Teachers / parents are provided with an administrative account while the students have their own limited account to access the Digital Savvy lessons. The teacher account has access to all of the lessons in the same format as the student account along with all of the needed administrative functions.
|Two different grade report styles|
I found the Gradebook feature to be of the most use. It shows all of my students (one), her grades so far for each quiz, test and project. Although the program automatically grades each of the quizzes and tests, the teacher has the ability to override any grade they deem necessary. I can directly view the quiz / test and Amber's answers through her score in the Gradebook. Students indicate when their projects are complete through their student account, which may or may not include an upload of project files. The teacher then has the ability to see who has uploaded their projects, view any files included, and grade the project based on a set rubric. The rubric allows the teacher to enter values for each portion and then totals the grade for you and enters it into the Gradebook. The teacher may also grade using their own rubric and manually enter project grades, as I did.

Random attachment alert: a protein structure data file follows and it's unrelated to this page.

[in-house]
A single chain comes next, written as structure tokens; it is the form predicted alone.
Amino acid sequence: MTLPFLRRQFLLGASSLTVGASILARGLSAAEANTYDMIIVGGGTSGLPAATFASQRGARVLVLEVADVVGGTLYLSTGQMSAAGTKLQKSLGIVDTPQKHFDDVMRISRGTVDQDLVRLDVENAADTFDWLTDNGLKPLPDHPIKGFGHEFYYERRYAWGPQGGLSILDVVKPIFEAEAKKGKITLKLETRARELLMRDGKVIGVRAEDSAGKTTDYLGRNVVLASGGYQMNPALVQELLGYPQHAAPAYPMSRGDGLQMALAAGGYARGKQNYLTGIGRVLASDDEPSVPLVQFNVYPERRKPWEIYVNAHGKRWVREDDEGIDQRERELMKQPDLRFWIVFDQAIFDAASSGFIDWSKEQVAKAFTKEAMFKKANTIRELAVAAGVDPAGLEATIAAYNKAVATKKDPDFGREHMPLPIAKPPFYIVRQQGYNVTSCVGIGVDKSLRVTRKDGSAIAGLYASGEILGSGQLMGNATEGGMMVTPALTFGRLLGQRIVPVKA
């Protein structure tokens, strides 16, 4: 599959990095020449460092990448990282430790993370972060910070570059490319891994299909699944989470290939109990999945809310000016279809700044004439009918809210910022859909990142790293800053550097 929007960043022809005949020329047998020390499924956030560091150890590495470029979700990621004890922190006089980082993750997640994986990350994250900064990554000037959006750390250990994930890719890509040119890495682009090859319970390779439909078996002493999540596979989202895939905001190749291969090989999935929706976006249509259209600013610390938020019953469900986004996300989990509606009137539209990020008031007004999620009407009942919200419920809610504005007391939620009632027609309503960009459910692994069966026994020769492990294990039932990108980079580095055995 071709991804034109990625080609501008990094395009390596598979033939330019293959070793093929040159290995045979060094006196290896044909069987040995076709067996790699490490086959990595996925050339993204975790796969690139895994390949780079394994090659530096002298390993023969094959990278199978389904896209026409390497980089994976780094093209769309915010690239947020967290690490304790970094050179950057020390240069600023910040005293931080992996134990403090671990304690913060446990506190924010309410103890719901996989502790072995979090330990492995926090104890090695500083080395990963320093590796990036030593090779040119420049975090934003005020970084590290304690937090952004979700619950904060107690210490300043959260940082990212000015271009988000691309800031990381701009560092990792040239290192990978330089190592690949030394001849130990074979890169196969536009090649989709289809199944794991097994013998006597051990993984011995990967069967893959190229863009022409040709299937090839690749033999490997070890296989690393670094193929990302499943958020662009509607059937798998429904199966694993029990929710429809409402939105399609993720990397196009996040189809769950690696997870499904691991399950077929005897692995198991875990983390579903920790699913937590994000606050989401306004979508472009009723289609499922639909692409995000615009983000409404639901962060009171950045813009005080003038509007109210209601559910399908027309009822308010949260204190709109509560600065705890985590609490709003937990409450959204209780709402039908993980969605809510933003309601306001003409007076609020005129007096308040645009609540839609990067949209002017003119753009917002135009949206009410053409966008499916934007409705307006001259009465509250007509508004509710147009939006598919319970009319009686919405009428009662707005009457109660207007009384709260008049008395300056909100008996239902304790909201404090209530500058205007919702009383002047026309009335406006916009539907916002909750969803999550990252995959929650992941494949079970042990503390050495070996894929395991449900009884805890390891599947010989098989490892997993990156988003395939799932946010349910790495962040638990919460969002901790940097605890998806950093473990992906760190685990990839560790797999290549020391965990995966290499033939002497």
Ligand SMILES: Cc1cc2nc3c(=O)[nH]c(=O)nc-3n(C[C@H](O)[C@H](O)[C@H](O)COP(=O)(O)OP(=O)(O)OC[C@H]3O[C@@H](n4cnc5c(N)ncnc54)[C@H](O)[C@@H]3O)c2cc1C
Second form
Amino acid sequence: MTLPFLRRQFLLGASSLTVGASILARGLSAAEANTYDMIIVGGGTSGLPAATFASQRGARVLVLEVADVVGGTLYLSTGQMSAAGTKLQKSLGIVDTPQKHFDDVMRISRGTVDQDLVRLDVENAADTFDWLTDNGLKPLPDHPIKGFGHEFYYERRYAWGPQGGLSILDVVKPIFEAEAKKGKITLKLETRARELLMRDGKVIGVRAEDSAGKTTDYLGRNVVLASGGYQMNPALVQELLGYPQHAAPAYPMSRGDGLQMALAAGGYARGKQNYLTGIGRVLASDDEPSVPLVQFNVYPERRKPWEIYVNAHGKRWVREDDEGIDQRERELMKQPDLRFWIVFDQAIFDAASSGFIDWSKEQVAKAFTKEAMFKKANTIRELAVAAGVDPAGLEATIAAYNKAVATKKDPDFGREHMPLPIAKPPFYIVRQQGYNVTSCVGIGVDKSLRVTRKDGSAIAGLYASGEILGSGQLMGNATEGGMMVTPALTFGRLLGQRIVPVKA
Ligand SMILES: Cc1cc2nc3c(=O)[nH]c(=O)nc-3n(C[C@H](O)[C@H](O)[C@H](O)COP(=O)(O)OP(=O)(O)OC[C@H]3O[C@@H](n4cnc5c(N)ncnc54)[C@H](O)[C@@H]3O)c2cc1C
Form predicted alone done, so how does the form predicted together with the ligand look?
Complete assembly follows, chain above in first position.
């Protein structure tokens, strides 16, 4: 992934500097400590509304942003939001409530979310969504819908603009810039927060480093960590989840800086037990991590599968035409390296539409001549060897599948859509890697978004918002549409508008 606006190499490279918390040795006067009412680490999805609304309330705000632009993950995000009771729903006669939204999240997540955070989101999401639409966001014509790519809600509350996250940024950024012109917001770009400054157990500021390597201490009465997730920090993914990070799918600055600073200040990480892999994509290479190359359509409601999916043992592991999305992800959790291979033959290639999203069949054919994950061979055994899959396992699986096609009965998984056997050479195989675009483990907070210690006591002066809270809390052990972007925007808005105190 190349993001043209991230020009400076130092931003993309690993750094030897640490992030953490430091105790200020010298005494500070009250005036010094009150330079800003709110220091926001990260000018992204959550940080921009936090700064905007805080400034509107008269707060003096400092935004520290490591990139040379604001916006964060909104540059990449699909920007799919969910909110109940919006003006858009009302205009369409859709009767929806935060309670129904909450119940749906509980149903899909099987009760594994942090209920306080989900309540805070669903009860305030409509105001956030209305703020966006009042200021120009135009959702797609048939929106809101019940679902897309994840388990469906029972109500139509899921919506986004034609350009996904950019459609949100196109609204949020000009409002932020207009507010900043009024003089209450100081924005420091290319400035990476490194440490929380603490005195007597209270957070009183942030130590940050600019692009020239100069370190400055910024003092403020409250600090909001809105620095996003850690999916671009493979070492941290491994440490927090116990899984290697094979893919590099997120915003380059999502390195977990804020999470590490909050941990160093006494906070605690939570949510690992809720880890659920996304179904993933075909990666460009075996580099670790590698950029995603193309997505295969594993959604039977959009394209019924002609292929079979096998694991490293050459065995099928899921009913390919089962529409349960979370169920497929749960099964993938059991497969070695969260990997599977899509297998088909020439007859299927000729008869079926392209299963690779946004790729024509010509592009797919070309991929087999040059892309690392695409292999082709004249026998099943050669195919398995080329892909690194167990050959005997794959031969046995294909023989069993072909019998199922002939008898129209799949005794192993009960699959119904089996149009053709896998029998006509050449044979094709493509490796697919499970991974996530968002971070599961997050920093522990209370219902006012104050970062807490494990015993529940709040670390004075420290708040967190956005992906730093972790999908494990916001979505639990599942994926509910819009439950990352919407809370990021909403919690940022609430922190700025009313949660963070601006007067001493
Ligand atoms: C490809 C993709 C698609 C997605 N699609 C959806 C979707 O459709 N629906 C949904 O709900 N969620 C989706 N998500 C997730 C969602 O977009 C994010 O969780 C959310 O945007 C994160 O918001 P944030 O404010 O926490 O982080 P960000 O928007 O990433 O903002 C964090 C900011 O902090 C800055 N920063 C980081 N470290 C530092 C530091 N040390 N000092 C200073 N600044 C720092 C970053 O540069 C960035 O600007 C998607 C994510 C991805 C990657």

Using Digital Savvy
It has been a running joke in our family how the two computer science parents have an only child who is barely computer literate, although she is a whiz with her iPad and iPhone. We might joke about it, however it is concerning. She did not have the skills to setup her own computer, could not recover from any type of error, did not understand the purpose of many applications, and was basically confused by the lingo and physical structure of networking.